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Competition, Consumer Trust and Consumer Choice (CCT) Review Metrics Available

Cct review metrics 750x408 10sep15 en

Want to find out how many unique registry operators manage all delegated new gTLDs? Interested in a breakdown of Uniform Domain-Name Dispute-Resolution Policy (UDRP) decisions in favor of and against registrants? ICANN is publishing the answers to these questions and more.

View CCT metrics.

These metrics, which include data internal to ICANN, such as compliance reports and registry agreements, and external sources, such as UDRP and Uniform Rapid Suspension System (URS) providers, will be made available to the team of community members reviewing the New gTLD Program on Competition, Consumer Choice and Consumer Trust. As one of the evaluations mandated by ICANN's Affirmation of Commitments, the CCT review team may consider various metrics that were recommended [PDF, 472 KB] by an Implementation Advisory Group (IAG-CCT). In the trust category, for example, the metrics include how many compliance complaints ICANN has received. Regarding choice, the team may consider where new gTLD registry operators are based and how many offer Internationalized Domain Names (IDN) registrations, among other statistics. Competition will be measured in several ways, including the number of new gTLDs delegated to date, as well as the number of registrations in those new gTLDs.

The information on the new CCT metrics webpage is presented in tables and graphics, and categorized as pertaining to compliance, registries, registrars, domain name registrations, domain name navigation or rights protection mechanisms. Complex data reports on certain metrics will be available in downloadable Excel files. Each metric includes details about how the measure was defined, what data sources were used, how the data was collected, and how often it will be updated.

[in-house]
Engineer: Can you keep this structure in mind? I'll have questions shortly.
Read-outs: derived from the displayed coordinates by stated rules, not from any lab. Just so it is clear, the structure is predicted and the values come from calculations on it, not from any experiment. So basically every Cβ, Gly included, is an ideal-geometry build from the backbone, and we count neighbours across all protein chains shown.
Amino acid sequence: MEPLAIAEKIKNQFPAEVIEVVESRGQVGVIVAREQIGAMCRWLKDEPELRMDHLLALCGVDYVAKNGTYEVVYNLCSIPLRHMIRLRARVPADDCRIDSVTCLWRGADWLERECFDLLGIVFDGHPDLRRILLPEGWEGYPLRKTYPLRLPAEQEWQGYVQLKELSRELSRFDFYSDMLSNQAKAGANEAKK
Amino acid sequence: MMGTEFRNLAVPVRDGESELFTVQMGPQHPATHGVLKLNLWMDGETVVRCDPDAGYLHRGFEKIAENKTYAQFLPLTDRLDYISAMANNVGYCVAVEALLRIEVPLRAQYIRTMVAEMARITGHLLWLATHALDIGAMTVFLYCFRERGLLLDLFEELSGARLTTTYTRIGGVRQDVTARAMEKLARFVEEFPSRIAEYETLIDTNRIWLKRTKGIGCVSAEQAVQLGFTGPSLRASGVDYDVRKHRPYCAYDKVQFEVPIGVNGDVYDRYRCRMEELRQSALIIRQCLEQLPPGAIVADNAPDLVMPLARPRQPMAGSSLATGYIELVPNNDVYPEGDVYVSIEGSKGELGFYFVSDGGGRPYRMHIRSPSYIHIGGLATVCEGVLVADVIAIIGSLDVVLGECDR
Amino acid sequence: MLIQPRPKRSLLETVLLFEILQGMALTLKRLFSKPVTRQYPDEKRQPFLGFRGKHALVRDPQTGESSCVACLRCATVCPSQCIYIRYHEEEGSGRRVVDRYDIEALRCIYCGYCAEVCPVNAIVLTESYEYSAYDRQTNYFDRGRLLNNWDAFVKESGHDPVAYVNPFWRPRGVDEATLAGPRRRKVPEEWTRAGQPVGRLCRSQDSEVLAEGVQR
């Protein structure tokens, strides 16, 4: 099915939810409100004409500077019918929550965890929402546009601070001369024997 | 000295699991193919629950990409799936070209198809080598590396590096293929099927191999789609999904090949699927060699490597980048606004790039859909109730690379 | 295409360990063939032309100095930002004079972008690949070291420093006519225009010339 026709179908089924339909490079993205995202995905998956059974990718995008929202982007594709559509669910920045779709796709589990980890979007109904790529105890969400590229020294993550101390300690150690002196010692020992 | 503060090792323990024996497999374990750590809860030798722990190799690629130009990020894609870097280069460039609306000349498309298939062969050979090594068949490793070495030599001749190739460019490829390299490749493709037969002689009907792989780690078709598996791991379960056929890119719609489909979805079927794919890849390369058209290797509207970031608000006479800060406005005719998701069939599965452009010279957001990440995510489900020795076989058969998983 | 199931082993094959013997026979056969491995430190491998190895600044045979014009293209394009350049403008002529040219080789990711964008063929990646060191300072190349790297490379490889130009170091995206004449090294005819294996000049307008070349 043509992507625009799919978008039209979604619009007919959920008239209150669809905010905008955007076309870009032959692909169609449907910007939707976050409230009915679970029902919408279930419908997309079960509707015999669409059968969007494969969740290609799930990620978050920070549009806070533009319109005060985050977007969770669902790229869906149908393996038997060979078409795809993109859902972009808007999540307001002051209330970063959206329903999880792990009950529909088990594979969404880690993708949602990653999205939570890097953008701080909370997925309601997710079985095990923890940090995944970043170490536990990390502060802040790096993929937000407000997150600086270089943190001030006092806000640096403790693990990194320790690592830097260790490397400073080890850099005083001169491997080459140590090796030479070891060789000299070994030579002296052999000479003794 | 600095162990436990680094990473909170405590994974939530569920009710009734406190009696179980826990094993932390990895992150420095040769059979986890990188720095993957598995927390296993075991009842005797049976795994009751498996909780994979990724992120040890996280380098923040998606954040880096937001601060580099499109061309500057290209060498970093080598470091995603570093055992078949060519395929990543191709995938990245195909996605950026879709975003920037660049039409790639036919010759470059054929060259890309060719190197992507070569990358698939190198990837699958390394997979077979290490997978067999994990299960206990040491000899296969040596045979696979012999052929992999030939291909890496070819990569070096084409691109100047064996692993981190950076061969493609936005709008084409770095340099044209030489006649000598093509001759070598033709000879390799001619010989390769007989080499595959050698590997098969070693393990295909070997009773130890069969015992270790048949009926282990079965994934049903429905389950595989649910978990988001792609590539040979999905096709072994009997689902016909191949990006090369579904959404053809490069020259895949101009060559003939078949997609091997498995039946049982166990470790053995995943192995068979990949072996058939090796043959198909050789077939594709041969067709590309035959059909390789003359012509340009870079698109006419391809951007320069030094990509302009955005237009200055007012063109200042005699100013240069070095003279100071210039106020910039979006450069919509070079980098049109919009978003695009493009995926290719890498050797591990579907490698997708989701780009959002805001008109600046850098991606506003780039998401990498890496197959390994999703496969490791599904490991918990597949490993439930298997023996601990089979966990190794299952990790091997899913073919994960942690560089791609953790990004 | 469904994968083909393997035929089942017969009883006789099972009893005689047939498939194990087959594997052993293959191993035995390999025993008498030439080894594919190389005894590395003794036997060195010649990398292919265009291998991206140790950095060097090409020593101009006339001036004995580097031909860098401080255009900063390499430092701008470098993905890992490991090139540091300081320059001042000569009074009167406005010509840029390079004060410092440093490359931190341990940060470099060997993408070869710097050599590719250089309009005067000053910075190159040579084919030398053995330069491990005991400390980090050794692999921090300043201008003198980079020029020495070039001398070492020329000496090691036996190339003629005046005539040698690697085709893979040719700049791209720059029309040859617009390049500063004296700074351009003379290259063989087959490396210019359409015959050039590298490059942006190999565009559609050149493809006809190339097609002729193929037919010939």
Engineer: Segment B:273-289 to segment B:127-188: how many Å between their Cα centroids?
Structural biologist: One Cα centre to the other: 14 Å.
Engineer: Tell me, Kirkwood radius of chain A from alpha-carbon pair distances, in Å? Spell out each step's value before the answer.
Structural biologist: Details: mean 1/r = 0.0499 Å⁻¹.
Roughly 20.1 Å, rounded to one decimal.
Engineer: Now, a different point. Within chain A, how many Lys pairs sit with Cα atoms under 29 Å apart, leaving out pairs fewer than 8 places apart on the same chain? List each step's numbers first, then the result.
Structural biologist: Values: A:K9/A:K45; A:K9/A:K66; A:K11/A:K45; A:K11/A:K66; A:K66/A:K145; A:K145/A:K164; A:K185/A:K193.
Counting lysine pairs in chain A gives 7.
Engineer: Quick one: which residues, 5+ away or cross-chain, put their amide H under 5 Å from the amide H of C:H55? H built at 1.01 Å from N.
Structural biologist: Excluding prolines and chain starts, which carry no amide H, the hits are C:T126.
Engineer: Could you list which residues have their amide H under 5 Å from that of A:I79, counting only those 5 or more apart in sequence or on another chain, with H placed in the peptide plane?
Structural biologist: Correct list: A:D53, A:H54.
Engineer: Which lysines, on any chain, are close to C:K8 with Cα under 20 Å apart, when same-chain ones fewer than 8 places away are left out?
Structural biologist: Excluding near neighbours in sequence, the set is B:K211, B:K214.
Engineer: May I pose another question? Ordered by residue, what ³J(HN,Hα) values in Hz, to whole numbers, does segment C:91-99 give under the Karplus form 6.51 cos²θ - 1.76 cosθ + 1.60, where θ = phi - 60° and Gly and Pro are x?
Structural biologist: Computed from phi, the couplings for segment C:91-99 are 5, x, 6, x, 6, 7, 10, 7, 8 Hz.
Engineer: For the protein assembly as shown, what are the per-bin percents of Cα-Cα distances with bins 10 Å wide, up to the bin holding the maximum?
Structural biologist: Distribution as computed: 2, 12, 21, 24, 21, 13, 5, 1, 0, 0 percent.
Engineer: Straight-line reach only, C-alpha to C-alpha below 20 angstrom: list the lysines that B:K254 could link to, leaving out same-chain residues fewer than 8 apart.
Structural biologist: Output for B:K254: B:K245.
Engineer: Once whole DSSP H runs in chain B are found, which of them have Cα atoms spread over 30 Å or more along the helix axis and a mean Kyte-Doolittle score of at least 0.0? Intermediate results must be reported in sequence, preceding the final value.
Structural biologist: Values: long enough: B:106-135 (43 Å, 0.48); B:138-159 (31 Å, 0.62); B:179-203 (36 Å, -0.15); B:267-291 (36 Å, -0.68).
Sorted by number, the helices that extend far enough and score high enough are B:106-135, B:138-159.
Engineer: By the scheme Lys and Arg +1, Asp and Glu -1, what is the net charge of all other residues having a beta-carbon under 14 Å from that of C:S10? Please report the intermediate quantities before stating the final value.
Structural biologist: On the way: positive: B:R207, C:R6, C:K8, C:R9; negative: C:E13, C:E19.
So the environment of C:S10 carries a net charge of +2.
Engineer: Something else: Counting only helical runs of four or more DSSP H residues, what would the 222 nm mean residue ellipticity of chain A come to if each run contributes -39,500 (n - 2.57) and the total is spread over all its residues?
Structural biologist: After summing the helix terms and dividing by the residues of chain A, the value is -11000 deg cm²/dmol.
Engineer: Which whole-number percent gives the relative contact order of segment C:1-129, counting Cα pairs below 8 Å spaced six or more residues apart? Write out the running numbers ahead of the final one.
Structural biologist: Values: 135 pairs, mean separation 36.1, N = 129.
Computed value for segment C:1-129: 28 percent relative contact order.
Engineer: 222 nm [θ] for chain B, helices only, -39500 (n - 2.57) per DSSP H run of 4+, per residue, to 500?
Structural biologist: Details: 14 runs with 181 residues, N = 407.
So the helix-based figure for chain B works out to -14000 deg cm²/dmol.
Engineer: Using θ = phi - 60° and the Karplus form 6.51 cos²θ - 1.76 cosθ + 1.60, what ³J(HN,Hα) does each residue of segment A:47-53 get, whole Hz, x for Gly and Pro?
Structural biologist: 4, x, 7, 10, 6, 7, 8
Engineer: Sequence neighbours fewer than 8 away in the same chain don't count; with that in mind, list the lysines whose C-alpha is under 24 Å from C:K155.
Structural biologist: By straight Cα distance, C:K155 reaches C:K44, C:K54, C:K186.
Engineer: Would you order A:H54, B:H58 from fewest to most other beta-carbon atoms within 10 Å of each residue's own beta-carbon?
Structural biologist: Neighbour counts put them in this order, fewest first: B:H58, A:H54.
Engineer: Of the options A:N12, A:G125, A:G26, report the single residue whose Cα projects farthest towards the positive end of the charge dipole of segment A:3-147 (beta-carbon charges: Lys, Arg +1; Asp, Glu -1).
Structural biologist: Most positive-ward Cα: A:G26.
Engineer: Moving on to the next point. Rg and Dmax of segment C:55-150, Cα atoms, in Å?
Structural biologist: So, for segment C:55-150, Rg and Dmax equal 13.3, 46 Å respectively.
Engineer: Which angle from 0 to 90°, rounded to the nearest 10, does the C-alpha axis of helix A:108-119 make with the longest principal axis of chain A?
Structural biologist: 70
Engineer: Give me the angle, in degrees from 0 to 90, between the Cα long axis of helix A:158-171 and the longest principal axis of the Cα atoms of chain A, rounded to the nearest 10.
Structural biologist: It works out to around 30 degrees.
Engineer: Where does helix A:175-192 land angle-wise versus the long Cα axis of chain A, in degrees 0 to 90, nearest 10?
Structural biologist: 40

In addition to the data contained in the portal, the CCT review team may also consider additional third-party research that ICANN has commissioned. A global survey of Internet users conducted by Nielsen and published in May 2015 measured perceived competition and choice in the domain name system. A separate economic study looking at competition, currently being conducted by Analysis Group, is scheduled to be published in late September 2015.

Twenty eight of the 66 approved metrics will be included on the new webpage; the remainder were incorporated into other efforts, including a consumer survey and an economic study. Nine of the 28 metrics are available now. The rest will be published by 16 October 2015.


    Domain Name System
    Internationalized Domain Name ,IDN,"IDNs are domain names that include characters used in the local representation of languages that are not written with the twenty-six letters of the basic Latin alphabet ""a-z"". An IDN can contain Latin letters with diacritical marks, as required by many European languages, or may consist of characters from non-Latin scripts such as Arabic or Chinese. Many languages also use other types of digits than the European ""0-9"". The basic Latin alphabet together with the European-Arabic digits are, for the purpose of domain names, termed ""ASCII characters"" (ASCII = American Standard Code for Information Interchange). These are also included in the broader range of ""Unicode characters"" that provides the basis for IDNs. The ""hostname rule"" requires that all domain names of the type under consideration here are stored in the DNS using only the ASCII characters listed above, with the one further addition of the hyphen ""-"". The Unicode form of an IDN therefore requires special encoding before it is entered into the DNS. The following terminology is used when distinguishing between these forms: A domain name consists of a series of ""labels"" (separated by ""dots""). The ASCII form of an IDN label is termed an ""A-label"". All operations defined in the DNS protocol use A-labels exclusively. The Unicode form, which a user expects to be displayed, is termed a ""U-label"". The difference may be illustrated with the Hindi word for ""test"" — परीका — appearing here as a U-label would (in the Devanagari script). A special form of ""ASCII compatible encoding"" (abbreviated ACE) is applied to this to produce the corresponding A-label: xn--11b5bs1di. A domain name that only includes ASCII letters, digits, and hyphens is termed an ""LDH label"". Although the definitions of A-labels and LDH-labels overlap, a name consisting exclusively of LDH labels, such as"""" is not an IDN."